Percy says he now rents out the house, with a property management company taking care of all the details. After all his expenses, including the mortgage, management fees and taxes, he says he sees $250 in income every month.

"I ended up relying on a lot of people in the club to help me do this," said Percy, who listed lawyer, banker and real estate broker referrals as well as general support as things he received from the group.

Risks

Is partnering up with near strangers for such large investments just inviting trouble?

Steve Greene, who is active in the group and also acts as its spokesman, said NYC Cashflow is always on guard for frauds and recently had to remove a posting from its Web site that was trying to lure members into forming a partnership and buying a property. It turned out that the person who posted the ad also owned the house for sale.

The group is also trying to develop a rating system on its Web site that will let members rate each other in terms of honesty or work ethic, patterned after Bay's method of rating sellers. But Greene says the biggest thing keeping people honest is their regular meetings and the bonds that have developed.

"When you're meeting time and again with 40, 60, 80 people in the same room," said Greene, "word gets around."

There's another problem. If buying property on one's own can be full of hassles, partnering with one or two relative strangers could turn into a logistics nightmare.

Patton says to keep things simple, he and Patisso have divided up the basic chores of running a rental property. Patton does the bookkeeping and pays the bills, while Patisso deals with the contractors and property management company. And they pass files back and forth electronically.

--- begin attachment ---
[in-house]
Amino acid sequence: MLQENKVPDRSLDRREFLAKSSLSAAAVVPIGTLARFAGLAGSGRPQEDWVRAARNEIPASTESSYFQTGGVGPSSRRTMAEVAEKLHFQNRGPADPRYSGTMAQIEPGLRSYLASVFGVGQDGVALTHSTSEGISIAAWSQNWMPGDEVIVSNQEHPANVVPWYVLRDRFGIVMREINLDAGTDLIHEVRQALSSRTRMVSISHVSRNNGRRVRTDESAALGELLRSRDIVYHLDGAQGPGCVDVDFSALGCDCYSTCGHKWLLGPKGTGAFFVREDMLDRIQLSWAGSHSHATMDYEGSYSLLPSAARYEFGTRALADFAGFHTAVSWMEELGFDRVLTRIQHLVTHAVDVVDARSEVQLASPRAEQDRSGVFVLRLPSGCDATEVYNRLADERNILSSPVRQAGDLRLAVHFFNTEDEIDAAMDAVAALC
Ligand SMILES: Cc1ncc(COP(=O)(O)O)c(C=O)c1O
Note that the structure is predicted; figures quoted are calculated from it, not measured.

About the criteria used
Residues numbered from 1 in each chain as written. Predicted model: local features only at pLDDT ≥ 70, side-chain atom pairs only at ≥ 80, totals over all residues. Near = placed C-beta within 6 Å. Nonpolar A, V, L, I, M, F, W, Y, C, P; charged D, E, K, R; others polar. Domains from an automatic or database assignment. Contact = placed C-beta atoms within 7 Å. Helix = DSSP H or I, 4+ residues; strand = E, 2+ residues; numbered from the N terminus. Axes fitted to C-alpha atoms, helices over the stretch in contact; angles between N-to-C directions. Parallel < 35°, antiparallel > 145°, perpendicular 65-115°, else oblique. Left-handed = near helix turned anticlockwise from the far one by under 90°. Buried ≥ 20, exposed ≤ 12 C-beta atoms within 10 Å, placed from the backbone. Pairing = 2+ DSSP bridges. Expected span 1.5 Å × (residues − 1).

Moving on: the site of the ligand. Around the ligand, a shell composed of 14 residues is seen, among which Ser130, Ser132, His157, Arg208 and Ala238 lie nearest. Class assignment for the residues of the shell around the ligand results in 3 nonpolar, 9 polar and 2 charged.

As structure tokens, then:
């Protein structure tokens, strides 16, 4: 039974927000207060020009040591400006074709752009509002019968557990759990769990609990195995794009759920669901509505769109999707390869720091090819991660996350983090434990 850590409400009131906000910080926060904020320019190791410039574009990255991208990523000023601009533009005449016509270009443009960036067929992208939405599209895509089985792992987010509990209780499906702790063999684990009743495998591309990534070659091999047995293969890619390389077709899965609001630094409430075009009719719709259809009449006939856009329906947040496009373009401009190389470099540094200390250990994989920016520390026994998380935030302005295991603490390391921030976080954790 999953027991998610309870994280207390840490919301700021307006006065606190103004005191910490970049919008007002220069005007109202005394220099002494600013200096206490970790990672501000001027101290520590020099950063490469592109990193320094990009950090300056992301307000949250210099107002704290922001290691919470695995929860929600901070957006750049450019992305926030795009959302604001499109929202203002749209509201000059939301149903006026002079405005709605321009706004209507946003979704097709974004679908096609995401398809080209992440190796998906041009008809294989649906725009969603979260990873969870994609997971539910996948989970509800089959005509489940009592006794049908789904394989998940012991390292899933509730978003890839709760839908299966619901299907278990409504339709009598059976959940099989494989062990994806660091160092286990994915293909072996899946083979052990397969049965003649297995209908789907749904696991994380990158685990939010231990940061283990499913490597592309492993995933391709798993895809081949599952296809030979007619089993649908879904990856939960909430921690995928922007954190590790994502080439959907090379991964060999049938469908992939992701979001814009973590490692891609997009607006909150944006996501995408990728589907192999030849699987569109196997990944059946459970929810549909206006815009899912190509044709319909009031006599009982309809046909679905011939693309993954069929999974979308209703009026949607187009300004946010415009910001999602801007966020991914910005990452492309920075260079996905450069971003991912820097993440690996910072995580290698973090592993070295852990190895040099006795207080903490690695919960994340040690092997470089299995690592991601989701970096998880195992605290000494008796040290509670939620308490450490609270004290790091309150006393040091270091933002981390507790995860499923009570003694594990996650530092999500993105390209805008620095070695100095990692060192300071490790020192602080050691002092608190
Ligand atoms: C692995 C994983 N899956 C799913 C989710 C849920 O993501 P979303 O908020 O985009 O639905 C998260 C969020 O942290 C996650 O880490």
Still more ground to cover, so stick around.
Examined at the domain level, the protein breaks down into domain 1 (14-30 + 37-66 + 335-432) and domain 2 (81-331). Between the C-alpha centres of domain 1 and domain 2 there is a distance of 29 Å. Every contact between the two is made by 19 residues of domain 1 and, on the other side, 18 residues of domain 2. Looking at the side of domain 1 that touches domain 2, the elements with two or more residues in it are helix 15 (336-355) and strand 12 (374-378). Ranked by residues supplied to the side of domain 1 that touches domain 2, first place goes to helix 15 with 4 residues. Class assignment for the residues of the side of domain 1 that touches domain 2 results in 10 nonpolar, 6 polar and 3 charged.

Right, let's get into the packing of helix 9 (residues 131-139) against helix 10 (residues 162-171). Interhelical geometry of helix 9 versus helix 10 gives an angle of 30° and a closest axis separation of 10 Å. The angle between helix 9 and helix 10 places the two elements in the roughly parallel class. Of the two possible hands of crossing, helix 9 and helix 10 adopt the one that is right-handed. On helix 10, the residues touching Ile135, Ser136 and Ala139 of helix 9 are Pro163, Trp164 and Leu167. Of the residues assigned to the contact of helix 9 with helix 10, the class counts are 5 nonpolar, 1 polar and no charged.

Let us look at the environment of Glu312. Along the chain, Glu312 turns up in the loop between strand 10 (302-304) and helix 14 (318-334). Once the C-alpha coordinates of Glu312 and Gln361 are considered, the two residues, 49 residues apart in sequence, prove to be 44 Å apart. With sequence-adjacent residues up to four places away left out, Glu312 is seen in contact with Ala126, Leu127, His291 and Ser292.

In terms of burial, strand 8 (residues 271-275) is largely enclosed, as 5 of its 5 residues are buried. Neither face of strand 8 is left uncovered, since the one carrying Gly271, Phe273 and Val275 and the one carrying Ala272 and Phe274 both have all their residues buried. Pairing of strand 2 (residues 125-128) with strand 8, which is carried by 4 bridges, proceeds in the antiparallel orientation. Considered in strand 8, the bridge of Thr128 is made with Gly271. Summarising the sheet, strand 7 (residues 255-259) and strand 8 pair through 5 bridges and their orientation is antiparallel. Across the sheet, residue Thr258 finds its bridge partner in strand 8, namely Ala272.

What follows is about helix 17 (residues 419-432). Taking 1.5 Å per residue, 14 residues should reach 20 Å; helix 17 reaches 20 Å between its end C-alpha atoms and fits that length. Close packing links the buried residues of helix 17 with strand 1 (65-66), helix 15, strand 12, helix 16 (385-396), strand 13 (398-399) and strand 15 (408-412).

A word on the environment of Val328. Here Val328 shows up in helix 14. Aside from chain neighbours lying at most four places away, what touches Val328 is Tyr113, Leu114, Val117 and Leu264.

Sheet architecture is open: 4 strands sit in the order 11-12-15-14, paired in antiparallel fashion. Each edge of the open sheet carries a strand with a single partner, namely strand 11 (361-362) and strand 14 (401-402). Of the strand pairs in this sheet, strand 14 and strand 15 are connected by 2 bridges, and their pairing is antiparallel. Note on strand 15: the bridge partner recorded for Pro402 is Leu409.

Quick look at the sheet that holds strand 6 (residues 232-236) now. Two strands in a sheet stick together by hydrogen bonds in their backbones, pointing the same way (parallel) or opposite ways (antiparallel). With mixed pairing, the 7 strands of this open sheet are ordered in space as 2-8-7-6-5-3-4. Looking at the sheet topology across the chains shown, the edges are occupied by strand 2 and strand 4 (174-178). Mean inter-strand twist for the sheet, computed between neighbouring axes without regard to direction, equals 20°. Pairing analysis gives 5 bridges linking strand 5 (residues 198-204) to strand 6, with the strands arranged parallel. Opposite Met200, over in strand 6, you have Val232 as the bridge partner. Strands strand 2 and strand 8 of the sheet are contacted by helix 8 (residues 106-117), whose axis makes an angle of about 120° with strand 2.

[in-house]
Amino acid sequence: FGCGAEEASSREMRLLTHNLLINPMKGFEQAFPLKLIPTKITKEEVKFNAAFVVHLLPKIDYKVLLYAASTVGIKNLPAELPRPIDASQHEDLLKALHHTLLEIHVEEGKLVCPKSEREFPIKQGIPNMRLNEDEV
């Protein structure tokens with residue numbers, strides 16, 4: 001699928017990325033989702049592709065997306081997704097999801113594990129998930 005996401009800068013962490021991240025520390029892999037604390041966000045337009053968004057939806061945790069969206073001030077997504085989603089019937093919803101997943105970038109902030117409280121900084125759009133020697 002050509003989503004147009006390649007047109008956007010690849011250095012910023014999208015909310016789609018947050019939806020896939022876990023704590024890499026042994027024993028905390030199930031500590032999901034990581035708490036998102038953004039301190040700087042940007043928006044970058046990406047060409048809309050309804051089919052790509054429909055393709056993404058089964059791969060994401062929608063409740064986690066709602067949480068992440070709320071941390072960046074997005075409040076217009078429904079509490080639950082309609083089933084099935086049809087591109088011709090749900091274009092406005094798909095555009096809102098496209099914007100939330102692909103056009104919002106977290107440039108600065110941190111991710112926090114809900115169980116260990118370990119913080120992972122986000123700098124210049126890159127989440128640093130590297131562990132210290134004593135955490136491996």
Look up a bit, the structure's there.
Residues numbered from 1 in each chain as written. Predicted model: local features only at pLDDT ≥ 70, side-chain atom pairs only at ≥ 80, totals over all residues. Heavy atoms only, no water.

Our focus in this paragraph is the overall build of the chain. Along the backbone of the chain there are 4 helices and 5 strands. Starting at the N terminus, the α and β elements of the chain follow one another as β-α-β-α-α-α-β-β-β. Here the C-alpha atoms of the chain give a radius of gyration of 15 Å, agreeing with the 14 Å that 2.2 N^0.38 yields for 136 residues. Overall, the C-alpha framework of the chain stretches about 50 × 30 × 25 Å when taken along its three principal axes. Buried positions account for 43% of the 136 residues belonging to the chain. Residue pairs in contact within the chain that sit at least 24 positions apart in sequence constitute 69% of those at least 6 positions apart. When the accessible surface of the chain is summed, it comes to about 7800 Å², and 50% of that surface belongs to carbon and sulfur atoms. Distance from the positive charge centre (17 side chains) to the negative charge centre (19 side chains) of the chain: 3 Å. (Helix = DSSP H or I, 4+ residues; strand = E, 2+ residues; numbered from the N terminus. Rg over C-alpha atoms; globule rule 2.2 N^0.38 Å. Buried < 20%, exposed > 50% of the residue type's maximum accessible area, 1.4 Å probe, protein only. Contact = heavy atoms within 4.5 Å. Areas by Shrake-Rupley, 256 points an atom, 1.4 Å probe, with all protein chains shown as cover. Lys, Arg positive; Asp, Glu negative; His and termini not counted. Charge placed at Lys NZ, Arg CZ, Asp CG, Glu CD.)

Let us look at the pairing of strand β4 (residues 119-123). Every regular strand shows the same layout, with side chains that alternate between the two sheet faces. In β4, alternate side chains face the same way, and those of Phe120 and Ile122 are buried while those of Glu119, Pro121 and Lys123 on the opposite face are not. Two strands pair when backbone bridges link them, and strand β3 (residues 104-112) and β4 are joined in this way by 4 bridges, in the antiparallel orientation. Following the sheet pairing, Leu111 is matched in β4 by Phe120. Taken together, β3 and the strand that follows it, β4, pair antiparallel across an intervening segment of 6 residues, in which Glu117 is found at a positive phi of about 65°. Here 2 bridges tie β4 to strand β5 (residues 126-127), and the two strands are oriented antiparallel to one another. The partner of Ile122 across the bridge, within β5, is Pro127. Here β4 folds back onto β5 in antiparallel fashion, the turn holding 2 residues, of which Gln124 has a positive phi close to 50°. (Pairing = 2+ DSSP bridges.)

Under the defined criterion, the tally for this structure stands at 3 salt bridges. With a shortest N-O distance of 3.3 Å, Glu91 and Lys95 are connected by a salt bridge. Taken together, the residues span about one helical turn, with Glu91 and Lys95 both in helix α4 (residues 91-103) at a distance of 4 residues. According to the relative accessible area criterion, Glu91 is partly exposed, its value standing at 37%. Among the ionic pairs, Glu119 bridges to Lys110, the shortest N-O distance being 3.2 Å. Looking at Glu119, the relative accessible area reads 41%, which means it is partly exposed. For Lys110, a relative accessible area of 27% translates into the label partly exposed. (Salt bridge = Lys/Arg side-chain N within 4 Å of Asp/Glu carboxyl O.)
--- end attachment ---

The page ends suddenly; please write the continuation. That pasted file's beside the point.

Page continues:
"Once the properties are up and running, there is very little maintenance that requires a face-to-face meeting," said Patton. "But we have the same files at all times. As joint owners, you need to have that."

They also have a written contract between the two of them that says if one partner wants out, the other partner either needs to buy out his half at "fair market value" or put the property up for sale.

Interested in attending a meeting? Greene said there is no clause requiring a commitment to join any deals or buy anything. He said that the only cost to attend is the fee for the space, which Greene said is less than $5 when split among everyone.

He also said there has been so much interest from newcomers to real estate that the group is thinking about starting a $160, 16-hour real estate class for beginners.

And a spokeswoman for Robert Kiyosaki said the New York group isn't the only one that has branched out from the board game, although it was hard to tell exactly how many of the 800 loosely-organized Cashflow clubs worldwide were planning real-life deals.

For more information on the New York group, visit www.nyccashflow.com. To find a Cashflow group near you, visit the "our community" page at richdad.com.

Click here for Sarah Max's personal account of playing Cashflow.

Click here for four lessons for successful real estate "flipping."  Top of page